Saturday, August 23, 2008

ALINEA, Chicago, IL

POST #50!!!

It's fitting that on our 50th post of our blog, we remember one of the most spectacular culinary experiences we've ever had. Of all the highly rated restaurants in Chicago, we chose Alinea because we expected a truly unique dining experience. Chef/Owner Grant Achatz, a former sous chef for Thomas Keller at French Laundry, is known for his creative flavor combinations and unique plating techniques. At Alinea, his work has been described as a hypermodern and emotional approach to dining. You'll find words like "study" and "tribute" and "deconstructed" to describe a unique take on some traditional dishes.

However they are described, each of the 15 (yes, FIFTEEN) courses below was itself an event to be remembered. Confident in their extraordinary work, the folks at Alinea left us with the menu you see here (with each course listed with our chosen wine pairings) as a souvenir of our 2.5 hour dinner. The significance of the circles is two-fold: The larger the circle, the larger the portion of that particular course; and circles placed further left indicate a sweeter course, while those leaning right represent savory dishes. Click on the menu for a closer look. Also be sure to read our titles and descriptions of the dishes in detail, as it’s impossible to grasp all of the interesting ingredients just by the photo alone. PS - flash photography wasn’t allowed, so we apologize for the quality of some of these photos.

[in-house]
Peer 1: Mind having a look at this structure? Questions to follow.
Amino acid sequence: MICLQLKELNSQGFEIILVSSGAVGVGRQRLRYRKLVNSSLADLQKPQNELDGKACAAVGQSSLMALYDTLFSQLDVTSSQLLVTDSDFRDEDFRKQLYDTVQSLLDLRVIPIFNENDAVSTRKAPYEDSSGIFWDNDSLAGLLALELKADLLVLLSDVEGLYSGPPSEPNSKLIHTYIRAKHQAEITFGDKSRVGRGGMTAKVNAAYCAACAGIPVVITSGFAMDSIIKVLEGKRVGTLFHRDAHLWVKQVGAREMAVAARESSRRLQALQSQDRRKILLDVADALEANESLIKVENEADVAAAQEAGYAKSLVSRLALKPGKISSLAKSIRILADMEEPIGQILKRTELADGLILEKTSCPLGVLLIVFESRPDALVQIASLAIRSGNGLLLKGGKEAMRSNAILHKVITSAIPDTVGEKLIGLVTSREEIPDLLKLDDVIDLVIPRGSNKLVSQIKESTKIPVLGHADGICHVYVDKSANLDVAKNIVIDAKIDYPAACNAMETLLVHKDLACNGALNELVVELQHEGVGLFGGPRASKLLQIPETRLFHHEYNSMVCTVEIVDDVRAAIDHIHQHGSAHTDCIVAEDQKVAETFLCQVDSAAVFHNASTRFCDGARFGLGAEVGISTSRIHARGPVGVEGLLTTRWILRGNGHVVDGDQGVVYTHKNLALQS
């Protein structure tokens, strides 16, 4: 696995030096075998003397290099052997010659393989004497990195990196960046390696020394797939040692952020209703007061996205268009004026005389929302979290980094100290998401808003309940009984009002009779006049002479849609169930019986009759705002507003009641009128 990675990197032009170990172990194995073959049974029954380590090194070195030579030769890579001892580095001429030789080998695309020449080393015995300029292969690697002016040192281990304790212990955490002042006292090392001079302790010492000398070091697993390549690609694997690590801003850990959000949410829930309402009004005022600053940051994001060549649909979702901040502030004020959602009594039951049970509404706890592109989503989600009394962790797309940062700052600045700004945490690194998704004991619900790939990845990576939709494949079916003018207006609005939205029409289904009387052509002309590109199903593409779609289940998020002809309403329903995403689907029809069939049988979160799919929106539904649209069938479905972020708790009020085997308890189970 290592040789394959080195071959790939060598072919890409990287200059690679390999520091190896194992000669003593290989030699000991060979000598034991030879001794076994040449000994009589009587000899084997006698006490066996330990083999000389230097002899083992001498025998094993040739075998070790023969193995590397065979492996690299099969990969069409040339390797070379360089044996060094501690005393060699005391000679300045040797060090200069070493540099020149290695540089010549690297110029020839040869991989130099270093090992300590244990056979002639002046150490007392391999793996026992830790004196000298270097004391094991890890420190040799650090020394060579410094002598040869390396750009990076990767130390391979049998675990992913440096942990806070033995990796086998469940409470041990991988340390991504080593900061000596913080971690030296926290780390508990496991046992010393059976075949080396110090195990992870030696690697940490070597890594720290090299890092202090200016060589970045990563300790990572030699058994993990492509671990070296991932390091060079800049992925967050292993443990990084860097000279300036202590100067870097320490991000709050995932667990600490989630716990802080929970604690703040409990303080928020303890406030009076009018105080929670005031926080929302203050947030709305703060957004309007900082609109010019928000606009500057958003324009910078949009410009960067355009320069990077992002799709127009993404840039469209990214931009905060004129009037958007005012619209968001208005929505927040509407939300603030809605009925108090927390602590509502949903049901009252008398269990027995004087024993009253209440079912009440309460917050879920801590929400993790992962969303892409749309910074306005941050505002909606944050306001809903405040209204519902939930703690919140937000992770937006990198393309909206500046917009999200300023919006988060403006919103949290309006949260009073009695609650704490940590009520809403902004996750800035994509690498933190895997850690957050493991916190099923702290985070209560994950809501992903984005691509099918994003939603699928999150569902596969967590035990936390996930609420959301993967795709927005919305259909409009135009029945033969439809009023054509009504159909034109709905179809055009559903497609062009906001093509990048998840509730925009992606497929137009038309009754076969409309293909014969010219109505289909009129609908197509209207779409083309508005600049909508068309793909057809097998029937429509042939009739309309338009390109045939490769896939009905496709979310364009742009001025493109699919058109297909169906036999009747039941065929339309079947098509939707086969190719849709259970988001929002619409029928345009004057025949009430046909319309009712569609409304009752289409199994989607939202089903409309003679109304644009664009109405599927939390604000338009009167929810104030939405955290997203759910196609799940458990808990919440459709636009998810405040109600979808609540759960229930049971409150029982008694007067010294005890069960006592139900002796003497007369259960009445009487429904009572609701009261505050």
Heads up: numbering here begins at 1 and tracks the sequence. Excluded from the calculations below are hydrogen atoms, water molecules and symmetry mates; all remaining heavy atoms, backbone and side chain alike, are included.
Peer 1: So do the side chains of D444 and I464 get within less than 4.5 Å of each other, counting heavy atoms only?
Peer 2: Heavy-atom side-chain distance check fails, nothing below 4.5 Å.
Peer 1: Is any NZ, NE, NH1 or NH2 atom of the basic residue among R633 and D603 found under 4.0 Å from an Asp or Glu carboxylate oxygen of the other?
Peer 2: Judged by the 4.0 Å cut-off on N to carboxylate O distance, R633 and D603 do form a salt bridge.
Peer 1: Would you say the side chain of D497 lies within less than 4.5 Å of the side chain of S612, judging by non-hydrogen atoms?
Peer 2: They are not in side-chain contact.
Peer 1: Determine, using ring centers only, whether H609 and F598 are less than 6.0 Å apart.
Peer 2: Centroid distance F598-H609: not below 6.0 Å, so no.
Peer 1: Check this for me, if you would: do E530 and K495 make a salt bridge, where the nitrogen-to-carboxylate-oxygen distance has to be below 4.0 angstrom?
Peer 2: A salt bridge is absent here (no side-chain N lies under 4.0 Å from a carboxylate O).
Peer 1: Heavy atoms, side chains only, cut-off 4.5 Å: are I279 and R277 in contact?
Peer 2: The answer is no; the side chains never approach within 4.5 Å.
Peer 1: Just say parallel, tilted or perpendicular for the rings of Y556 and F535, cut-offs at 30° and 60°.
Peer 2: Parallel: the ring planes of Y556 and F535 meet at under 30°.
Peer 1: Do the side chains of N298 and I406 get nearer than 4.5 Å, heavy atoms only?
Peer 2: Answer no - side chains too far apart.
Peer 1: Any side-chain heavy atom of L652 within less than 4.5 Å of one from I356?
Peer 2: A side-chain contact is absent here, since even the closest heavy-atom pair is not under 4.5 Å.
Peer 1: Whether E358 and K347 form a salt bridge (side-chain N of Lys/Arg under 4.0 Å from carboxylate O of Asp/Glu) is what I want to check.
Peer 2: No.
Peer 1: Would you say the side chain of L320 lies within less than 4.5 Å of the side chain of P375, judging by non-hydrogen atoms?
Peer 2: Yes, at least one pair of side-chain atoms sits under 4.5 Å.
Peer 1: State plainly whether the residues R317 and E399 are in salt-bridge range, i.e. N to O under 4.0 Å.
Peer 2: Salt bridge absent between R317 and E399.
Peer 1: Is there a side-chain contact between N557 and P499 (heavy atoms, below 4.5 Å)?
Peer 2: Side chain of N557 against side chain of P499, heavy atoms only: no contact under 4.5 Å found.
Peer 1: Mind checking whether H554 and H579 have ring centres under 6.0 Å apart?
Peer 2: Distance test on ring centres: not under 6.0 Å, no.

steelhead roe, smoked salmon gelee, peeled grape,
encapsulated celery juice, lemon foam
This first dish delivered more memorable textures than flavors, which, in retrospect, was likely intended. The chilled, peeled grapes melted in our mouths, the roe literally popped with each bite, and the encapsulated celery juice exploded. The lemon foam and gelee, instead, provided a coating of flavor.

tomato water gelee, frozen mozzarella foam, basil sorbet,